By doing so, researchers don’t need to understand how to write a job script, or what flags and parameters are needed. They can fill out a form, specify what data to analyze and say where they want their results. It creates opportunities for individuals to do their science, from generating data to visualizing it through very simple interfaces. For more advanced users, we have API interfaces and tools to build their own gateways to interact with Frontera. Our goal is to make users as productive as possible.

Final thoughts?

What makes ACI so special is our team and the collaborative environment at TACC. Just like building a science gateway involves taking all these components and creating a single interface, having a successful ACI team requires all these other groups at the center. It’s not just us working in a bubble. We collaborate with a wide range of researchers and scientists to deliver services to our users that really make an impact.

Weaving Together Scientific Computing Tools

The new Tapis software platform aims to simplify research computing for scientists and adds a new tool to researchers’ computational tool belt.

Supported by a $2.9 million grant from NSF to TACC, and another $1 million award to the University of Hawaii, Tapis — short for TACC-APIs (application programming interfaces) ⁠— weaves together services and capabilities.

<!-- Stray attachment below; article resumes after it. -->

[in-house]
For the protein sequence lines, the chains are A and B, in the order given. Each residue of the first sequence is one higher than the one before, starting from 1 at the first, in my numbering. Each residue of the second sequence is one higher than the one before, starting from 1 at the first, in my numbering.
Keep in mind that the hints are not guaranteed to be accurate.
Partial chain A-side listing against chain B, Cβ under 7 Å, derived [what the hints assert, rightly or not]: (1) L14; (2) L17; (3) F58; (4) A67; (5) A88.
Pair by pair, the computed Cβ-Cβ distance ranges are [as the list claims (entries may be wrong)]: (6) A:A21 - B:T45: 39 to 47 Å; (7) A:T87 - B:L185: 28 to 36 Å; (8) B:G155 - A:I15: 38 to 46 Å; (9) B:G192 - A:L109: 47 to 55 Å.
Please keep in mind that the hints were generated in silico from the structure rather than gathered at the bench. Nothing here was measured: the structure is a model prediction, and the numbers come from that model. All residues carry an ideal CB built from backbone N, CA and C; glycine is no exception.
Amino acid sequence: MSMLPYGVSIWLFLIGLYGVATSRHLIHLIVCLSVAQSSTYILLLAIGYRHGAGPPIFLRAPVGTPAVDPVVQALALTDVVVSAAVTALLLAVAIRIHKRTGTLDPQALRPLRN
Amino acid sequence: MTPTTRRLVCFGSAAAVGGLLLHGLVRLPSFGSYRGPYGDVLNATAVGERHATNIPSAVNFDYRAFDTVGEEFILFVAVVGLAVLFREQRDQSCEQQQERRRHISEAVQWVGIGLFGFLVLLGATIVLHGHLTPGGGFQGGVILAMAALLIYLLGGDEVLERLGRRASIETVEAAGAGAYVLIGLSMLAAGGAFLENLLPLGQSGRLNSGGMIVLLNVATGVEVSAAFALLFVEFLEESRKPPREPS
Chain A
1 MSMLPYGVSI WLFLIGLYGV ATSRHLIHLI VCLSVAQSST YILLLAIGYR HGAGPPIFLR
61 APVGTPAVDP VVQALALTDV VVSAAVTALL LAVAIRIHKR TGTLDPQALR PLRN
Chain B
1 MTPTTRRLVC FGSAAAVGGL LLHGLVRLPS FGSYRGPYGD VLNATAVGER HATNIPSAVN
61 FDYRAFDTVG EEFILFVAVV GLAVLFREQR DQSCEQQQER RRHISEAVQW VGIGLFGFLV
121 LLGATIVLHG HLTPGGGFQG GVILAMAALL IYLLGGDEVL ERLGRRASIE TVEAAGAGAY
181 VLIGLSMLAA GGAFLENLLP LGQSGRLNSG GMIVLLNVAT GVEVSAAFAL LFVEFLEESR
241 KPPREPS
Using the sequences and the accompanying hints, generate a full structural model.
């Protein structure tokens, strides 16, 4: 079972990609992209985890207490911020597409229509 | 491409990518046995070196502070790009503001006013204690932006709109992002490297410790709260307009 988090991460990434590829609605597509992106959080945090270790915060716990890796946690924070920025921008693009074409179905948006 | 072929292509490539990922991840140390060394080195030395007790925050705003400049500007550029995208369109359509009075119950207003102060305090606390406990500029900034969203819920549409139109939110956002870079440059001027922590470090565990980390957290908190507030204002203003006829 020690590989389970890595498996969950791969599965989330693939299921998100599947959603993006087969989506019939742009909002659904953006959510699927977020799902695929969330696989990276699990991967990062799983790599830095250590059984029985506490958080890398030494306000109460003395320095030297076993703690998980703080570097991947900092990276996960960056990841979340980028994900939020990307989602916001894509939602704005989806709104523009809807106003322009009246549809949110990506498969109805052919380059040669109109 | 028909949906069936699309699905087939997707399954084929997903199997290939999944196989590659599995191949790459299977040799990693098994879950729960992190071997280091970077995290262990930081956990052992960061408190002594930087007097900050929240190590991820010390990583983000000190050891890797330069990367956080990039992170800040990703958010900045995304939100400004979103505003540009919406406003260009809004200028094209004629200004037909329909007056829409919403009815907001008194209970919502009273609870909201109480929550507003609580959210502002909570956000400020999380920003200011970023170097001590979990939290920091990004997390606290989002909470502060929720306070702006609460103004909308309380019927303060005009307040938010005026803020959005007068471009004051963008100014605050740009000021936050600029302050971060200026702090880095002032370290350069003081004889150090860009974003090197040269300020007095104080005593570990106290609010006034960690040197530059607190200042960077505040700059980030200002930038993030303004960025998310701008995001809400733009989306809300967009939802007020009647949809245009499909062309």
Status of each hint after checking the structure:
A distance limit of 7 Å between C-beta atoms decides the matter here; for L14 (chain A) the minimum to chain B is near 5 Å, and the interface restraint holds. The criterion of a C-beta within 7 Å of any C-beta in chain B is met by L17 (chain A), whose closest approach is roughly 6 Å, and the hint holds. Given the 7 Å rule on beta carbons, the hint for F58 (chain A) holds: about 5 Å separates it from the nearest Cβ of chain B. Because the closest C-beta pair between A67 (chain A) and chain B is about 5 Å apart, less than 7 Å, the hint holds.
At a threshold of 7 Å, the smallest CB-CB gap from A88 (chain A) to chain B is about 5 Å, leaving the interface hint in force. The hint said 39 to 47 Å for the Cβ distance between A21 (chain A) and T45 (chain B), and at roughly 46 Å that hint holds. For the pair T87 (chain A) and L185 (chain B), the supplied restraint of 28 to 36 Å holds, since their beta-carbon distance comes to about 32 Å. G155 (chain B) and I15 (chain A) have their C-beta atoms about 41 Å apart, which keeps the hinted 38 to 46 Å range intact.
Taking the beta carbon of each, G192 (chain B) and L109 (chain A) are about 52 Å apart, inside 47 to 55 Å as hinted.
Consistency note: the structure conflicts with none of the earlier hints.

"Tapis allows researchers to run different parts of a single analysis on different computers, across sites — to run near big data, or near sensors, or on a world-class supercomputer, whatever is optimal for their analysis — and to re-run all or part of an analysis later to reproduce a result," said principal investigator Joe Stubbs, manager of the Cloud and Interactive Computing Group at TACC.

Tapis is funded through the Cyberinfrastructure for Sustained Scientific Innovation program, a cross-cutting NSF effort led by the Office of Advanced Cyberinfrastructure.

"By building on prior work and leveraging existing leadership computational resources such as those available at TACC, Tapis contributes to the continuous strengthening of the national cyberinfrastructure, while at the same time lowering the barriers in accessing it," said NSF Program Director Stefan Robila.